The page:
Matthew Israel Byrge
You are writing a critical film analysis, which requires a close engagement with the material.
I am not expecting, nor am I wanting, a play-by-play regurgitation of the film, but instead, a thoughtful critical engagement of the filmmaker’s choices based on the rhetorical appeals and/or strategies we have been learning this semester. This means that you must discuss the filmmaker’s use of ethos, pathos, and logos as well as other rhetorical strategies including audience and situation. You will also discuss logical fallacies that you see occurring within the context of the film.
Rhetorical Situation/Explication: Imagine yourself as a film critic for a prestigious magazine or newspaper, such as Variety, The New Yorker or The New York Times. You will seek out examples of reviews from these publications (and others) as models. Your job is to demonstrate a critical analysis of the film’s content, as well as a discussion for the intended audience(s) and any relevant commentary on the film’s production/genre. You may reference our readings, but you are not allowed to use any other outside sources. So, you will not be unduly influenced, please do not consult any other film review of your chosen documentary film. You may, however, look to other reviews of other movies and/or documentaries as models, which can be found online or in the library databases. I do not want a “copy” of these models; they are only a guide to help you in the writing process. Remember we will be spending a lot of class time going over models and tips in writing film reviews. Refer to the Envision chapter and/or any other hand-outs that I give you.
- You will read and analyze different types of texts; in this case visual (both sound and moving pictures).
- You will become better aware of the different types of rhetorical situations.
- You will conduct primary research using your observations by viewing a documentary film, distinguishing between fact, opinion, and point of view.
- You will continue to provide constructive feedback in the form of peer collaboration.
- You will be exposed to some controversial topics in these documentaries, but they are meant to give you a better awareness of the world around you and to make you better equipped in real world settings.
- Remember your audience. You will be better able to engage with topics without making value judgments, but instead base your opinions on rhetorical techniques and appeals you see the filmmakers employing.
- Since you are required to include a Works Cited page, we will be using your Easy Writer to practice documentation.
You must adhere to the Paper Format hand-out you were given at the beginning of the semester. Failure to comply with proper Paper Format will result in deduction of points from this assignment. You must cite/incorporate specific articles I tell you to in your paper. Failure to do so will result in a deduction of points on this assignment. You must include a Works Cited with all the articles and film in MLA format.
1,400—1,500 words typed
Works Cited page (does not count toward length of paper); must be in MLA style
Times New Roman font
1” inch margins on all sides
Include an original title for your film review
Notes (written or typed; must be turned in with final paper)
Documentary Review Sheet (will be provided; must be turned in with all other notes)
In addition to meeting the above requirements, you will be graded on your comprehension/ability to analyze a theoretical framework as well as the originality with which you apply this framework to your own film. Please take copious notes while viewing the film. You may have to watch the film multiple times. In fact, I strongly encourage you to do so. Please keep all your notes because you will turn these in with the final draft of your film review. I will also provide you with a note-taking hand-out (mentioned above) that must be turned back in on top of all your other written and/or typed notes. Be neat in your transcriptions, for your own sake, in order to evaluate what you want to discuss in the written review later.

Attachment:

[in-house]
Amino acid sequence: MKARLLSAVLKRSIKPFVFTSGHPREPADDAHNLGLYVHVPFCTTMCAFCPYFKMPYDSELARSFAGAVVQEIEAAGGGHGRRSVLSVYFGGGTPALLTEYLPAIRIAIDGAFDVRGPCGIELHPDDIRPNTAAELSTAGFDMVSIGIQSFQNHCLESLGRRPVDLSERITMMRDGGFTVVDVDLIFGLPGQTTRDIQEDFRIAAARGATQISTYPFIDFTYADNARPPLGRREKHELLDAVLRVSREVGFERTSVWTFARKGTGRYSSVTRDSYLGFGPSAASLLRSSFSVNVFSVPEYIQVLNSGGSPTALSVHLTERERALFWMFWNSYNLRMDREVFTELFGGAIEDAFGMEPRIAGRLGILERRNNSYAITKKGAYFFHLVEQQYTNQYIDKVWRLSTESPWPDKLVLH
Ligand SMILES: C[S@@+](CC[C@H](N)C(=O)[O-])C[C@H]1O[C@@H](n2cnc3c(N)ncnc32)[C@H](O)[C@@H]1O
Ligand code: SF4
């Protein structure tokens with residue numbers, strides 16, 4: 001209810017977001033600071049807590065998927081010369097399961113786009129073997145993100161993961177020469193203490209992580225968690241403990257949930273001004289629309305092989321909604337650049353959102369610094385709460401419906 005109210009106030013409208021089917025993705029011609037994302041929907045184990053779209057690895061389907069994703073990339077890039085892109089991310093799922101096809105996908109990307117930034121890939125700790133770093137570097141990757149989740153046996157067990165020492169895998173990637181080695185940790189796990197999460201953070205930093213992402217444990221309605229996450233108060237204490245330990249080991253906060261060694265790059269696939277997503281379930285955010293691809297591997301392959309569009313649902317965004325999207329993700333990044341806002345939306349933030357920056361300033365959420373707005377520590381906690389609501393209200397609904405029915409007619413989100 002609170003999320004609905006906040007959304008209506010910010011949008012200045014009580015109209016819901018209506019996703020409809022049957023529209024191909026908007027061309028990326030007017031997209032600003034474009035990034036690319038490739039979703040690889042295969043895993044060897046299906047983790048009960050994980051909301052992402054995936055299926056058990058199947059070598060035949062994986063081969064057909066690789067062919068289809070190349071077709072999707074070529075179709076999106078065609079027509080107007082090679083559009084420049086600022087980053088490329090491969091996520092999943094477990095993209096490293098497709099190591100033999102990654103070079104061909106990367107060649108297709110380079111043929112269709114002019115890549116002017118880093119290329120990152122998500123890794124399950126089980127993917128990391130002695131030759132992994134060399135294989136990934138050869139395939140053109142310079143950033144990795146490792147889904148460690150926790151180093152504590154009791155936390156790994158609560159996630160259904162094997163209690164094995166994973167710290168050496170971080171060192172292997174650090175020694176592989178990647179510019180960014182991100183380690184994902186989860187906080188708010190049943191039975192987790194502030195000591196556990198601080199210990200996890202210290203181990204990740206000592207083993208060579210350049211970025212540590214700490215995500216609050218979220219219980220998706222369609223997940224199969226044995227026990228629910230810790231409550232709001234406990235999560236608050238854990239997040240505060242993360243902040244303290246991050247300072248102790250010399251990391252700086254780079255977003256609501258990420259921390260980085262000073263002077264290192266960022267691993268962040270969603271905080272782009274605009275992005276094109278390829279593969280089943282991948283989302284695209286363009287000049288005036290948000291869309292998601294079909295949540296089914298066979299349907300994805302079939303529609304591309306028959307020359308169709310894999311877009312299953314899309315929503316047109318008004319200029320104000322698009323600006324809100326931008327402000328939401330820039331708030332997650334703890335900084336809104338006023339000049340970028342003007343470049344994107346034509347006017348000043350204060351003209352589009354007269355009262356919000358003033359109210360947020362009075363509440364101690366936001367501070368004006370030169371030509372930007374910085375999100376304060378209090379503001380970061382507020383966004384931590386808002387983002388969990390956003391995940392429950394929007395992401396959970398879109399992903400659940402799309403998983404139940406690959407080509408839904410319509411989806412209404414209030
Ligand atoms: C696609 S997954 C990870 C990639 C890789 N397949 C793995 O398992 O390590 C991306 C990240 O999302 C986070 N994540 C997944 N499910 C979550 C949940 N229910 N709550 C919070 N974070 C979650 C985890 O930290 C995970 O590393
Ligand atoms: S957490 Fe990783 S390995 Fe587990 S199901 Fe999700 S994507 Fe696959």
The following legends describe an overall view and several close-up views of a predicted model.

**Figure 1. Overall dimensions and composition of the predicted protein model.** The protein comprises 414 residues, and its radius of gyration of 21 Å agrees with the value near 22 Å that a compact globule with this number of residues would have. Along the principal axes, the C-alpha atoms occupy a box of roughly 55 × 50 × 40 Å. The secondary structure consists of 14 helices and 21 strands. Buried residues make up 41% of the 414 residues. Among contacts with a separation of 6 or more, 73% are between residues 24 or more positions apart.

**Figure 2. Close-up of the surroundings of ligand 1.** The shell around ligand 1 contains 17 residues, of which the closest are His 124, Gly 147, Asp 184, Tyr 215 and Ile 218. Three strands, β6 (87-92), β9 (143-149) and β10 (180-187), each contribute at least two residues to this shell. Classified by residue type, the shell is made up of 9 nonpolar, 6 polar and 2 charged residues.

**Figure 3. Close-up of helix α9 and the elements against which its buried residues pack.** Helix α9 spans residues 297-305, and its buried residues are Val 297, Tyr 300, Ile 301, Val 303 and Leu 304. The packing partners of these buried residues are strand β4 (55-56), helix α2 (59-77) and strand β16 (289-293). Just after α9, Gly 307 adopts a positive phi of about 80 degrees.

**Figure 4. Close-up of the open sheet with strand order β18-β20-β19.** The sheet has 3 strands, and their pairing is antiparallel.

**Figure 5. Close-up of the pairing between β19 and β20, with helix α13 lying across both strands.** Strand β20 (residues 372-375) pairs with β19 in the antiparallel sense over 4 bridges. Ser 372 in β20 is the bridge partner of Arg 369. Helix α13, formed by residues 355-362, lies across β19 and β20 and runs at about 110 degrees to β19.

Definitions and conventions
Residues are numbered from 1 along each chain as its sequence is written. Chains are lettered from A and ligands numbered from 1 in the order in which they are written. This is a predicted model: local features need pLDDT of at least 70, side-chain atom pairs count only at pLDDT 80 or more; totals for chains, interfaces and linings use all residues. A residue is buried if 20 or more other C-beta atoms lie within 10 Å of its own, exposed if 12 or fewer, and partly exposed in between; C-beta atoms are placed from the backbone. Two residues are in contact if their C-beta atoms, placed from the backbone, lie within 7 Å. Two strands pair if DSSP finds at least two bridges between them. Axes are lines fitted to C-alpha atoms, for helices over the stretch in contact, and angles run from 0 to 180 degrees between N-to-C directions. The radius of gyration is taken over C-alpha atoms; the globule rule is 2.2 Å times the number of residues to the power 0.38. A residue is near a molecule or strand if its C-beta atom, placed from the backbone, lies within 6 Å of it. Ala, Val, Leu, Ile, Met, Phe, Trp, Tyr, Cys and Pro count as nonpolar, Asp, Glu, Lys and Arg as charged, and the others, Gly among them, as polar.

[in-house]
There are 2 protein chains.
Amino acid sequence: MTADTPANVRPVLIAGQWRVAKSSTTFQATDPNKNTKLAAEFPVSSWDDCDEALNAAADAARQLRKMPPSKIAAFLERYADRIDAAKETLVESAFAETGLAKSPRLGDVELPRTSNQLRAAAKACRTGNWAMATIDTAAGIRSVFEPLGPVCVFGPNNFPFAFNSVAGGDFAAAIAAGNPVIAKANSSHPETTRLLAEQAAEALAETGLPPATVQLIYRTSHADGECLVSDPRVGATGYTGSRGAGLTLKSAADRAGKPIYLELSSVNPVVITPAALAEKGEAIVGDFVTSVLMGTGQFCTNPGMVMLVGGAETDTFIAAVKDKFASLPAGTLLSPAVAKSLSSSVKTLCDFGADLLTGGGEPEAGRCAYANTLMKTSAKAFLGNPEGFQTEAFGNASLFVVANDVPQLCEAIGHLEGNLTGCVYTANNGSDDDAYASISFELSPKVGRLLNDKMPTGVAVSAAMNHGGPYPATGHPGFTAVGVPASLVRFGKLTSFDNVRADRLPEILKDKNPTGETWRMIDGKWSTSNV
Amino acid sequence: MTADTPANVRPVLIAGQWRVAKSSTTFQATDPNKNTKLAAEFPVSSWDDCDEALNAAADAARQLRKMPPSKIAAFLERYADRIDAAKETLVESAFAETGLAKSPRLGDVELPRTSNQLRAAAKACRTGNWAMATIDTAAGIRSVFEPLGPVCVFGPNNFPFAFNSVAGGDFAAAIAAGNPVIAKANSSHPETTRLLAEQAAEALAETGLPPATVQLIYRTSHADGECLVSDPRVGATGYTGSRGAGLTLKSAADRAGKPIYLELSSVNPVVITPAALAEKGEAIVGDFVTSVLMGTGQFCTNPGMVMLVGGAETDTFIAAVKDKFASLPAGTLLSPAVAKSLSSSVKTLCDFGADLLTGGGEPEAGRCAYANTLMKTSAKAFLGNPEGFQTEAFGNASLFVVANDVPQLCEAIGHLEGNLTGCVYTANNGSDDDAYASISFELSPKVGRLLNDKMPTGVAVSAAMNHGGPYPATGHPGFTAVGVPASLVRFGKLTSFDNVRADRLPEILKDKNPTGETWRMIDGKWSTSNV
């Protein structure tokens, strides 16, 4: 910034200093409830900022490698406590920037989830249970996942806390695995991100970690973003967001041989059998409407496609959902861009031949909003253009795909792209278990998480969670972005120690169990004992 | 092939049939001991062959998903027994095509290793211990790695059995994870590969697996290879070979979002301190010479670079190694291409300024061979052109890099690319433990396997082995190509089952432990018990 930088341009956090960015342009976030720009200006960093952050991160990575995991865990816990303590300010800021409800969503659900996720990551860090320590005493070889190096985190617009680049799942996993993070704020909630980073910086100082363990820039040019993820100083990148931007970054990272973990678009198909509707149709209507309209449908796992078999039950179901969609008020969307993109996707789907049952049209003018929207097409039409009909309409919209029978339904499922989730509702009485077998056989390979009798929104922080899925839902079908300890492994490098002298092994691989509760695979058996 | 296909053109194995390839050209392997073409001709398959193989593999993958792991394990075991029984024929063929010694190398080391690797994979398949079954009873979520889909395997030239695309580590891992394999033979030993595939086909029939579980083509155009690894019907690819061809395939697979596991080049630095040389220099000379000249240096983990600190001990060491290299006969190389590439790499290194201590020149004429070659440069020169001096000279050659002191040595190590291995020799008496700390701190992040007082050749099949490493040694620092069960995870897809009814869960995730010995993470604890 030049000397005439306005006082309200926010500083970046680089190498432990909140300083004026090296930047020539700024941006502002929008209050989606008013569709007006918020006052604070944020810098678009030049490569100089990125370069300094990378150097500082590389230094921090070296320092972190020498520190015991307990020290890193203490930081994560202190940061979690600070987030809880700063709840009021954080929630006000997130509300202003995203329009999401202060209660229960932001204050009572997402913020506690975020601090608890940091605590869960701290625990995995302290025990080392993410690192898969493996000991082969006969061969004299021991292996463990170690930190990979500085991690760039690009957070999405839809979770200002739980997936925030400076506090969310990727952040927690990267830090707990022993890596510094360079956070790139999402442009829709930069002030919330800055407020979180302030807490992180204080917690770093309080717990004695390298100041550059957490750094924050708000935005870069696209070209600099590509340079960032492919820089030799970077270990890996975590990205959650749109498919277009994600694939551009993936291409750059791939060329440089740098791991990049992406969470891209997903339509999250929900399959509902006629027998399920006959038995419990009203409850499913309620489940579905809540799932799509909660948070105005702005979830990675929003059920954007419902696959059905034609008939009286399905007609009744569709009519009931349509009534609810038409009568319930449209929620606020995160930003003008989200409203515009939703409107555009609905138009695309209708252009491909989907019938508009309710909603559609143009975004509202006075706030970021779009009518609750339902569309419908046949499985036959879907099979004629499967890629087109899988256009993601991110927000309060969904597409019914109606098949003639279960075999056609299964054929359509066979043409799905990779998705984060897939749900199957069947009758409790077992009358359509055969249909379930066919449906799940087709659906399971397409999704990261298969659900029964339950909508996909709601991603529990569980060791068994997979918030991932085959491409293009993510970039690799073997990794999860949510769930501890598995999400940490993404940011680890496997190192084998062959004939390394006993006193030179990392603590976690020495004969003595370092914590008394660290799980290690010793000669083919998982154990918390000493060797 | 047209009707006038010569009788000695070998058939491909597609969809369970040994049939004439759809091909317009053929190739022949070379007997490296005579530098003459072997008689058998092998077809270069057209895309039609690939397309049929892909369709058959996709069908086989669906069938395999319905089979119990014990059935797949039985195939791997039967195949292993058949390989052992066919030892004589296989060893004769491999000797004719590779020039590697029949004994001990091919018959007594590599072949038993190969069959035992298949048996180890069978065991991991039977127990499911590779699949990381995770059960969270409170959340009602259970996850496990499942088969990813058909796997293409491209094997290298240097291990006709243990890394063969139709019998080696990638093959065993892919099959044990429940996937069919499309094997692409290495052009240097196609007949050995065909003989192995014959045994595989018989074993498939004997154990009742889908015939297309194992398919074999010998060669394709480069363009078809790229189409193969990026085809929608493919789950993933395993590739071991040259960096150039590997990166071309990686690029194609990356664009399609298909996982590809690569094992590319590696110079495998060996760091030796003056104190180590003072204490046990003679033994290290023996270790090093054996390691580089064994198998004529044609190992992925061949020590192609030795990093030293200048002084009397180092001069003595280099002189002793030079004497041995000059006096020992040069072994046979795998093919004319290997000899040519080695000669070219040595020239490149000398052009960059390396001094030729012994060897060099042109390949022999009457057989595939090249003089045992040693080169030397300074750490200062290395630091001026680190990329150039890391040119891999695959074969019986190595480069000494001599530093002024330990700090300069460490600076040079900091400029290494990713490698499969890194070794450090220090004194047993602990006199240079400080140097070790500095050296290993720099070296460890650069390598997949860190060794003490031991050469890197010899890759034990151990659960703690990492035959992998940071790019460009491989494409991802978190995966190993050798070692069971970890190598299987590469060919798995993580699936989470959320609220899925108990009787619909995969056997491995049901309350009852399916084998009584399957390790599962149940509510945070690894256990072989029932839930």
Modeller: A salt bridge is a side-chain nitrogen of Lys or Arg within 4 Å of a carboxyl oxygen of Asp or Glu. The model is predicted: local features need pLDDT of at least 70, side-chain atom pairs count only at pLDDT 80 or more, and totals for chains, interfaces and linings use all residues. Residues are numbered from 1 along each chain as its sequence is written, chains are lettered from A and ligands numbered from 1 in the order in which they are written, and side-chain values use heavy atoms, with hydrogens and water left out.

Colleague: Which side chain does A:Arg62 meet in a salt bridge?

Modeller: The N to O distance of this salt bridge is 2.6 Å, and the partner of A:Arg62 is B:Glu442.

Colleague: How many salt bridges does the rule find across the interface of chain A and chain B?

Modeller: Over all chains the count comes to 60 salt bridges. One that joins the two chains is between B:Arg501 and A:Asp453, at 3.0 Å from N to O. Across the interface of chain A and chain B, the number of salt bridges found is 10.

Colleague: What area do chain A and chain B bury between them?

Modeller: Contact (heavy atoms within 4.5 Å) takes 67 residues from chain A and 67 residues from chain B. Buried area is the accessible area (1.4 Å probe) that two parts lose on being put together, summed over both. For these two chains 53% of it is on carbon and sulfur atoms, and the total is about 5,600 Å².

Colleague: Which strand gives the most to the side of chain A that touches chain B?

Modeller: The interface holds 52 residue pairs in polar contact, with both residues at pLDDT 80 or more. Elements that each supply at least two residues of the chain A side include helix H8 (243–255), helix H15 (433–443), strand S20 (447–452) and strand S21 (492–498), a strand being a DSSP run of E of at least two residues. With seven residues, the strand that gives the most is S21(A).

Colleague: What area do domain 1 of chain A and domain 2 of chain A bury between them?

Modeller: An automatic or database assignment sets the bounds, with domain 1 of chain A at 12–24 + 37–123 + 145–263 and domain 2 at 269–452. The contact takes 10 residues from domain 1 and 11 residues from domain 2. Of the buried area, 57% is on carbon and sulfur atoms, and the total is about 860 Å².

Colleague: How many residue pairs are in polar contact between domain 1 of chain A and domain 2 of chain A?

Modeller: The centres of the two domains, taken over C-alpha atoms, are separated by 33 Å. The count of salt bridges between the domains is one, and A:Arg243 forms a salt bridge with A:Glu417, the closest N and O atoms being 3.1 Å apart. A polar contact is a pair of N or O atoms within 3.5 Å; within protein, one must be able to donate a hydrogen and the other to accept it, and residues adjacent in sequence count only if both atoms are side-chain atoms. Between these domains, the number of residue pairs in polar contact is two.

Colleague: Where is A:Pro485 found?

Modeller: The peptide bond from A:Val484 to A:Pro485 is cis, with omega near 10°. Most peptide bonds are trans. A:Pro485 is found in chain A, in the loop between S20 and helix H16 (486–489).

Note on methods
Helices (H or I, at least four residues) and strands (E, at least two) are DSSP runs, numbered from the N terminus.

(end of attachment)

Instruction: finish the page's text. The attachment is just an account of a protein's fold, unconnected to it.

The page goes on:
Structuring the Paper
Most critical analysis papers begin with a short summary of the work and then dive into the main points. Be concise in all parts of your analysis. Writing an outline (and following it) is crucial to remain focused on your topic and avoid summary or irrelevant description.
The following is only a sample outline for a critical analysis paper:
- Identify the work being criticized and the film-maker
- Present thesis – main point about the work
- Preview your thesis – what are the steps you will take to prove your argument?
II Short Summary of the Film
- Does not need to be comprehensive – present only what the reader needs to know to understand your main points
III Your Topic
- Your main focus will likely involve a number of sub-points – mini-theses you use to prove your larger point
- This should be the bulk of your review – I want to read your analysis about the work, not a summary of the movie
- Reflect on how you have proven your main point
- Point out the importance of your point of view
- Note potential avenues for additional research or analysis of shortcomings you see in the filmmaker’s choices
Consider the following:
|LOGOS:||structure, organization, realism/realistic, real events, accuracy|
|PATHOS:||emotion (more than just sappy, heart strings: fear, anger, self-righteousness), sentiment/sentimentality, over-sentimentality|
|ETHOS:||credibility, believable/believability, possibility, likelihood, sincerity, good intentions or dubious/ulterior motives|
|** strengths = proper use of LPE
** strengths = illustrating or revealing certain logical fallacies
|** weaknesses = improper use of LPE (= fallacies)
** WEAKNESSES = subtexts